Upgrade Time Again

Well, I guess it had to happen. My computer gave up the ghost.

Well, okay, it didn't really. I just found a single app that it couldn't handle. Namely, Adobe Premiere Pro. I didn't know this at the time, but apparently it requires SSE instructions to work - and apparently, the AMD 1400+ that I bought a couple of years ago doesn't support this.

So now my wallet is considerably lighter... I went out and got a 3.2GHz P4 (1mb cache), with DDR TWINX1024-3200XL extra low latency Corsair Platinum RAM, and an Asus P4C800 motherboard.

Well, at least the software runs now.

One thing I'm going to miss, however, is the ability to use Wake On Lan to kick my machine when I'm at work. (This way, my apartment doesn't turn into a heat bath thanks to the output of the computer in the summer... although it's almost welcome in the winter).

I wrote my own little app to create the right magic packets, broadcast them over the LAN from outside of it and everything. Worked great. But apparently this mobo doesn't support it.

Damnit. To fry or not to fry, that is the question.

About the author

Simon Cooke is an occasional video game developer, ex-freelance journalist, screenwriter, film-maker, musician, and software engineer in Seattle, WA.

The views posted on this blog are his and his alone, and have no relation to anything he's working on, his employer, or anything else and are not an official statement of any kind by them (and barely even one by him most of the time).

Archived Wordpress comments
Anonymous wrote on Sunday, March 6, 2005:

Hi, I also have an Asus p4c800e mobo and I also wanted to make WoL work on it but can’t find a way.

I see that you say that this mobo doesn’t support WoL. Is it really true? Weren’t you able to make it work since the time you wrote this comment?

Thanks [makaroni (at) viol (dot) net]

Simon Cooke wrote on Sunday, March 6, 2005:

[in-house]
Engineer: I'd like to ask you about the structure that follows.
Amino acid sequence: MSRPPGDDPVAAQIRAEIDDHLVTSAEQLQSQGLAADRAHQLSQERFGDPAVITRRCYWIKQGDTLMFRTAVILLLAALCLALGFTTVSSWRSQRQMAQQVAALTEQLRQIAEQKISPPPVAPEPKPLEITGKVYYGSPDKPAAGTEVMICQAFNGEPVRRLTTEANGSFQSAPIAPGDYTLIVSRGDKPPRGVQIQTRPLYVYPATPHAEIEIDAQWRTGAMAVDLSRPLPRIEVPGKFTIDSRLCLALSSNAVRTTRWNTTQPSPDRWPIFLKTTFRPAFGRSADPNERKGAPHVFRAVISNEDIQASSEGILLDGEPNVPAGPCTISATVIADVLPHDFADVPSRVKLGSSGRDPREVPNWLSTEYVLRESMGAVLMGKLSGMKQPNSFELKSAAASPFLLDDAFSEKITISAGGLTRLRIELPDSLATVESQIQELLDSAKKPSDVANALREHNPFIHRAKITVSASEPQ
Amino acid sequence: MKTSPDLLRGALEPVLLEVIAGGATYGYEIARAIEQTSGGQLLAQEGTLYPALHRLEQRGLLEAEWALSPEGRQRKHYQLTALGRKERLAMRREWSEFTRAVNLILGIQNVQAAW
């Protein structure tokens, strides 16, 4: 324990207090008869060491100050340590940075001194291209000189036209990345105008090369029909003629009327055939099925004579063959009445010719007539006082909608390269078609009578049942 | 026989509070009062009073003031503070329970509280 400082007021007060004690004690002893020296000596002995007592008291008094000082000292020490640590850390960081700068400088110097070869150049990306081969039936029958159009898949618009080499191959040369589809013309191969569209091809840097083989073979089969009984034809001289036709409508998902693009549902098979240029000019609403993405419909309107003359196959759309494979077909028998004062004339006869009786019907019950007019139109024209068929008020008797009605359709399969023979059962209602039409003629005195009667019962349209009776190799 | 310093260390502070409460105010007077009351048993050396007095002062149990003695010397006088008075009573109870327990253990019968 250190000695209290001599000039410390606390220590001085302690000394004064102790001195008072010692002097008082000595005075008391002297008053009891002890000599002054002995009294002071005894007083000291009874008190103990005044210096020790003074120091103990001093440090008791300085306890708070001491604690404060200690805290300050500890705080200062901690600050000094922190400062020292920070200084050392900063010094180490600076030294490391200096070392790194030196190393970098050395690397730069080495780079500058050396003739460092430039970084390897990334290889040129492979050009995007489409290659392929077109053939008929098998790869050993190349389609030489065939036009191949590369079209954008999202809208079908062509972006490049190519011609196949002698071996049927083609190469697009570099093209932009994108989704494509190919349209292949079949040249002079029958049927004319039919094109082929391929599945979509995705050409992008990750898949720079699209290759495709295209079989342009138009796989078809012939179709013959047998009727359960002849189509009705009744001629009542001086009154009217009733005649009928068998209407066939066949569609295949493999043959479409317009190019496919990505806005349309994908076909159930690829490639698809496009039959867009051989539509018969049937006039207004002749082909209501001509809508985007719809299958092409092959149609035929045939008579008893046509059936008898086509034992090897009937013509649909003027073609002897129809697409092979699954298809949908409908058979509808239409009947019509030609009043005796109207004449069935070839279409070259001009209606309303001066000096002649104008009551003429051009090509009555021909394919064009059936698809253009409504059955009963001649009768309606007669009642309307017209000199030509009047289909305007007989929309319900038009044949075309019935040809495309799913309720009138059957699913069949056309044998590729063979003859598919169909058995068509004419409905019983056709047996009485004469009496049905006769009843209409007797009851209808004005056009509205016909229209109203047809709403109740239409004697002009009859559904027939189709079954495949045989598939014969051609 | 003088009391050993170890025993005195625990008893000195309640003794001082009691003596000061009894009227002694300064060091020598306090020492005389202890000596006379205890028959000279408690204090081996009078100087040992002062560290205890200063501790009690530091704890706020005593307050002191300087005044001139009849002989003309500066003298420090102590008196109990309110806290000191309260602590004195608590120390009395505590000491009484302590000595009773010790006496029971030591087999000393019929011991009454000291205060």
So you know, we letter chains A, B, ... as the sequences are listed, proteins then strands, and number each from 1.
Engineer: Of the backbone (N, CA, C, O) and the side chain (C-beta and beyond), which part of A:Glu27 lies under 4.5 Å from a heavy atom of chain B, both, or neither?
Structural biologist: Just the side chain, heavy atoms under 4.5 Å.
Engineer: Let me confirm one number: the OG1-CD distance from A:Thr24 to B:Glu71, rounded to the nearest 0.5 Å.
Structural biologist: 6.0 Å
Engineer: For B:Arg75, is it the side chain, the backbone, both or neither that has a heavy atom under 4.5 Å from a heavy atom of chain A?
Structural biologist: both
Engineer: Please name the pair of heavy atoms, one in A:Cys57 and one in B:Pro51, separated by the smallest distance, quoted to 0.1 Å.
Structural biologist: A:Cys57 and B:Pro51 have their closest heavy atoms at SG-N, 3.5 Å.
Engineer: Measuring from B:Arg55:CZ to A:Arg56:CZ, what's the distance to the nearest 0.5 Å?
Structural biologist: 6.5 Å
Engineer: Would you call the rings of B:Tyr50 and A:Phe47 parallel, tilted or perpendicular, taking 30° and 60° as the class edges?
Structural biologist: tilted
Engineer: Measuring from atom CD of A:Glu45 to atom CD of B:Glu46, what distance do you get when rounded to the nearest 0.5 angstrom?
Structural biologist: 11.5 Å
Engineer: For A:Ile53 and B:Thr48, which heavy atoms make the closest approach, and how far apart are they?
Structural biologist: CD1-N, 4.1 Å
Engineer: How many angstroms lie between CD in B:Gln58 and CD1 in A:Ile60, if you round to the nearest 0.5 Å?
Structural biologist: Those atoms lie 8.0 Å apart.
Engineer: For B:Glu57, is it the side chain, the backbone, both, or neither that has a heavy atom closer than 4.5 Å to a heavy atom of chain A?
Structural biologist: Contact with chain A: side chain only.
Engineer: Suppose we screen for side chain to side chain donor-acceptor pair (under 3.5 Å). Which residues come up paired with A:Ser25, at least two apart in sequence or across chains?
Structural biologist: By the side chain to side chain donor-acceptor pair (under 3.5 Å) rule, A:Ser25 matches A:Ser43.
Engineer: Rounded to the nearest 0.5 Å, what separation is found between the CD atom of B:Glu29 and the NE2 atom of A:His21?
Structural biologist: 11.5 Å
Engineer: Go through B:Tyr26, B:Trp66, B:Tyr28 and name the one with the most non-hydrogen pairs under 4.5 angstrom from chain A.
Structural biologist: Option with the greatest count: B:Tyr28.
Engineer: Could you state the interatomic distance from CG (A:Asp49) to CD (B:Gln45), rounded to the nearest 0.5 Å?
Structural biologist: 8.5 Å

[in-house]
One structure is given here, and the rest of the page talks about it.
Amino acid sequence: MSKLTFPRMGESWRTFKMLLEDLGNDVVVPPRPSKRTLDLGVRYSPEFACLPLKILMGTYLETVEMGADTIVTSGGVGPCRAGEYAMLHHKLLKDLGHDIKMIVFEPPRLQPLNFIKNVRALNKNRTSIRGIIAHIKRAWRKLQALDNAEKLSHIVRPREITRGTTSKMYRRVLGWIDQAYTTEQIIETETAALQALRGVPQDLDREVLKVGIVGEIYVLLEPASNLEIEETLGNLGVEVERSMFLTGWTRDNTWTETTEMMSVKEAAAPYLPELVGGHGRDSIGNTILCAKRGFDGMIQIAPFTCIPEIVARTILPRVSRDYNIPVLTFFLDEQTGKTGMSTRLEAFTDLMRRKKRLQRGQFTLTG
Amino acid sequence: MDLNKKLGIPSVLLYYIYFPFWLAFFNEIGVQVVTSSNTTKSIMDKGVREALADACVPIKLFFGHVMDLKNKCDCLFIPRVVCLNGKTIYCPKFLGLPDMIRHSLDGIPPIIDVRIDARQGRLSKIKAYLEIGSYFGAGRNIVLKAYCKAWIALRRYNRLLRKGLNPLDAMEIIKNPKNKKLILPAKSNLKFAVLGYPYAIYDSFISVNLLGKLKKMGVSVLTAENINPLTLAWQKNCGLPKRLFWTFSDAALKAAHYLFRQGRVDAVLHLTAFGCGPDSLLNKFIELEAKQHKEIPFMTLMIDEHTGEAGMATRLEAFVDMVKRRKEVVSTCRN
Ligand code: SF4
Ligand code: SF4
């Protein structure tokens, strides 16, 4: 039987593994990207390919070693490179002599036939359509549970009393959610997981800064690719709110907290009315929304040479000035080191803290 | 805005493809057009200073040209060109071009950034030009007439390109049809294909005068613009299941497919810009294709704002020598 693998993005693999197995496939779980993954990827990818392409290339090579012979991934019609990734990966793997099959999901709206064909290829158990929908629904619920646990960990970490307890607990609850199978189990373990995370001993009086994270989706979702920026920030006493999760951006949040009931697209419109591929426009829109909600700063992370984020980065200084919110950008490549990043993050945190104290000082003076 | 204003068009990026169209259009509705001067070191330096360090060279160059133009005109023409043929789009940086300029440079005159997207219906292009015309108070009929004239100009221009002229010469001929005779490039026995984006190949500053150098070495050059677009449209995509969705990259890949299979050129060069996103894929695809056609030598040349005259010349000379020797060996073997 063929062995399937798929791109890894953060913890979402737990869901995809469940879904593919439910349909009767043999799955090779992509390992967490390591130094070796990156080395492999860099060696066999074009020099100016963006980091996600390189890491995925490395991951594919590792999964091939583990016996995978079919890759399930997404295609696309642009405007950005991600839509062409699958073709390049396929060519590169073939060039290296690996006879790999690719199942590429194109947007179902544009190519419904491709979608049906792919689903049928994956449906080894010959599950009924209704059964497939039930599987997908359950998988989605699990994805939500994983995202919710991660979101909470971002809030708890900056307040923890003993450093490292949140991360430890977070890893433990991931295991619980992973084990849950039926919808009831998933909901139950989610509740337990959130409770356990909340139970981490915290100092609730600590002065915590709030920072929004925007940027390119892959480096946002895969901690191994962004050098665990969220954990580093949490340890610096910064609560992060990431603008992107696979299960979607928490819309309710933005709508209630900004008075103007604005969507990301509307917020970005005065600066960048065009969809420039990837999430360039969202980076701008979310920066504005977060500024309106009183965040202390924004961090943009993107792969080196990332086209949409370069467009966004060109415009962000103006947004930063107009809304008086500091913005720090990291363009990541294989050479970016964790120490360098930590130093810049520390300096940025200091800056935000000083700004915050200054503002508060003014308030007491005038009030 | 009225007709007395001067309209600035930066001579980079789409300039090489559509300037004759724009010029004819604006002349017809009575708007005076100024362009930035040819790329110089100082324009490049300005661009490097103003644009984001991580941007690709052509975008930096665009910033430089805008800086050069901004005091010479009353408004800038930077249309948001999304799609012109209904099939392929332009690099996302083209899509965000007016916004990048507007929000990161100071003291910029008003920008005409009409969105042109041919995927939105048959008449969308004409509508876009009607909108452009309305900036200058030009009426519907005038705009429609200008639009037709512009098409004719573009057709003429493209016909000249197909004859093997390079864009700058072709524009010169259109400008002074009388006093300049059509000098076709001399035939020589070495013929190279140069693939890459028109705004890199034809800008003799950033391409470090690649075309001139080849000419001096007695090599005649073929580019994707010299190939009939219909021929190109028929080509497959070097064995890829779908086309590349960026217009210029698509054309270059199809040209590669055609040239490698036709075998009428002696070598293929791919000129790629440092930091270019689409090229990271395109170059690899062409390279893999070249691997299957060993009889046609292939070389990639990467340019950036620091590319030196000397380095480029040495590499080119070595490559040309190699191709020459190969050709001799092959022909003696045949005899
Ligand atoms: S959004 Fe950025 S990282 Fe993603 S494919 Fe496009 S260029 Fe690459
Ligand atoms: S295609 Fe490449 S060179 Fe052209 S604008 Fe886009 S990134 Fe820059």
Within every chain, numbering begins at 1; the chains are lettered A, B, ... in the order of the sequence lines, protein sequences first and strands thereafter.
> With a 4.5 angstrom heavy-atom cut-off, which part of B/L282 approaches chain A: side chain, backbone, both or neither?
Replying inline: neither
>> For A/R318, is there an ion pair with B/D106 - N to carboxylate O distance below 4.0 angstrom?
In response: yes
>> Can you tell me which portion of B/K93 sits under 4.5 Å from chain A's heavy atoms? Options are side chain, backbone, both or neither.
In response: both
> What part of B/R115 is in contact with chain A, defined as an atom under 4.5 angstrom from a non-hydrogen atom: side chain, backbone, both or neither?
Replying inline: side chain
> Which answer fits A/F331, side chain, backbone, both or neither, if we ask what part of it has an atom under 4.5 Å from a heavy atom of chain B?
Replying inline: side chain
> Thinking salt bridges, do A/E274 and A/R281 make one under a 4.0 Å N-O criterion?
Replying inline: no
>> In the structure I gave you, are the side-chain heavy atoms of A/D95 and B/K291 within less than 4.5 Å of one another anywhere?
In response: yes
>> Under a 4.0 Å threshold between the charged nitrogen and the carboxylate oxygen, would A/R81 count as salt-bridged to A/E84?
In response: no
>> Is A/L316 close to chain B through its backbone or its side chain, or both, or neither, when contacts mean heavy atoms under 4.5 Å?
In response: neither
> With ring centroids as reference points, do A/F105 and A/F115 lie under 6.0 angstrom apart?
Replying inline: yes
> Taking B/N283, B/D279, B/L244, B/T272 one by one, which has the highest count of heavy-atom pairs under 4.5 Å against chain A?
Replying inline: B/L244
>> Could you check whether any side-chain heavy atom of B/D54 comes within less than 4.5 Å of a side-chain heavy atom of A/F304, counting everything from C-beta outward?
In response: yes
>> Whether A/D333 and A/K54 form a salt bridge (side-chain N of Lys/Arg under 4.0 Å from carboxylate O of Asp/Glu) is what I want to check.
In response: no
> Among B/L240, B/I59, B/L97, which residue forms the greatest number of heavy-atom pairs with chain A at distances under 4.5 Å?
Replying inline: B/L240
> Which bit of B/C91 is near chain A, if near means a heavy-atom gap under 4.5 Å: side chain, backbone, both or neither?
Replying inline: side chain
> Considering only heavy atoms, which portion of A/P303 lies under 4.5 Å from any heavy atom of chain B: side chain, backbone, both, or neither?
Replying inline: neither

Well, I actually have a P4C800 Deluxe - not the E version which is (or so I’ve heard) considerably different.

I might be able to get WoL to work; I need to go through the BIOS again though.

Anonymous wrote on Monday, March 7, 2005:

Hi, I don’t think the “E” makes much of a difference for WoL support. I have made some progress in trying to make it work and so far I can make it work as long as the computer is in Standby mode, not shutdown.

While being in standby, I can send a magic packet to it and then it will wake up. The Intel NIC, that’s onboard, has some properties that can be adjusted, via OS software, like being able to wake up with a mere ping or with only a magic packet, so on.

As far as I can understand the (horrible) user manual, there are in the BIOS some settings that can be enabled, but none has to do with the onboard NIC, and I think that that explains why the mobo has to be in Standby state to be able to wake up, if using the onboard NIC.

If using a real PCI NIC, I think that we should enable Power On By PCI Devices, in BIOS and then the NIC should support WoL. Anyway, my mobo has no connection from a NIC to the board, as my old mobo has, that I suppose would be necessary to make a NIC wake up the mobo.

So, so far, only when in Standby, which is not really what I wanted. I wanted to be able to wake the computer up from shutdown state.

makaroni …

Anonymous wrote on Thursday, July 14, 2005:

Power Mac G5 with Final Cut Pro when you get serious.

-SteveJack ;-)

facebook comments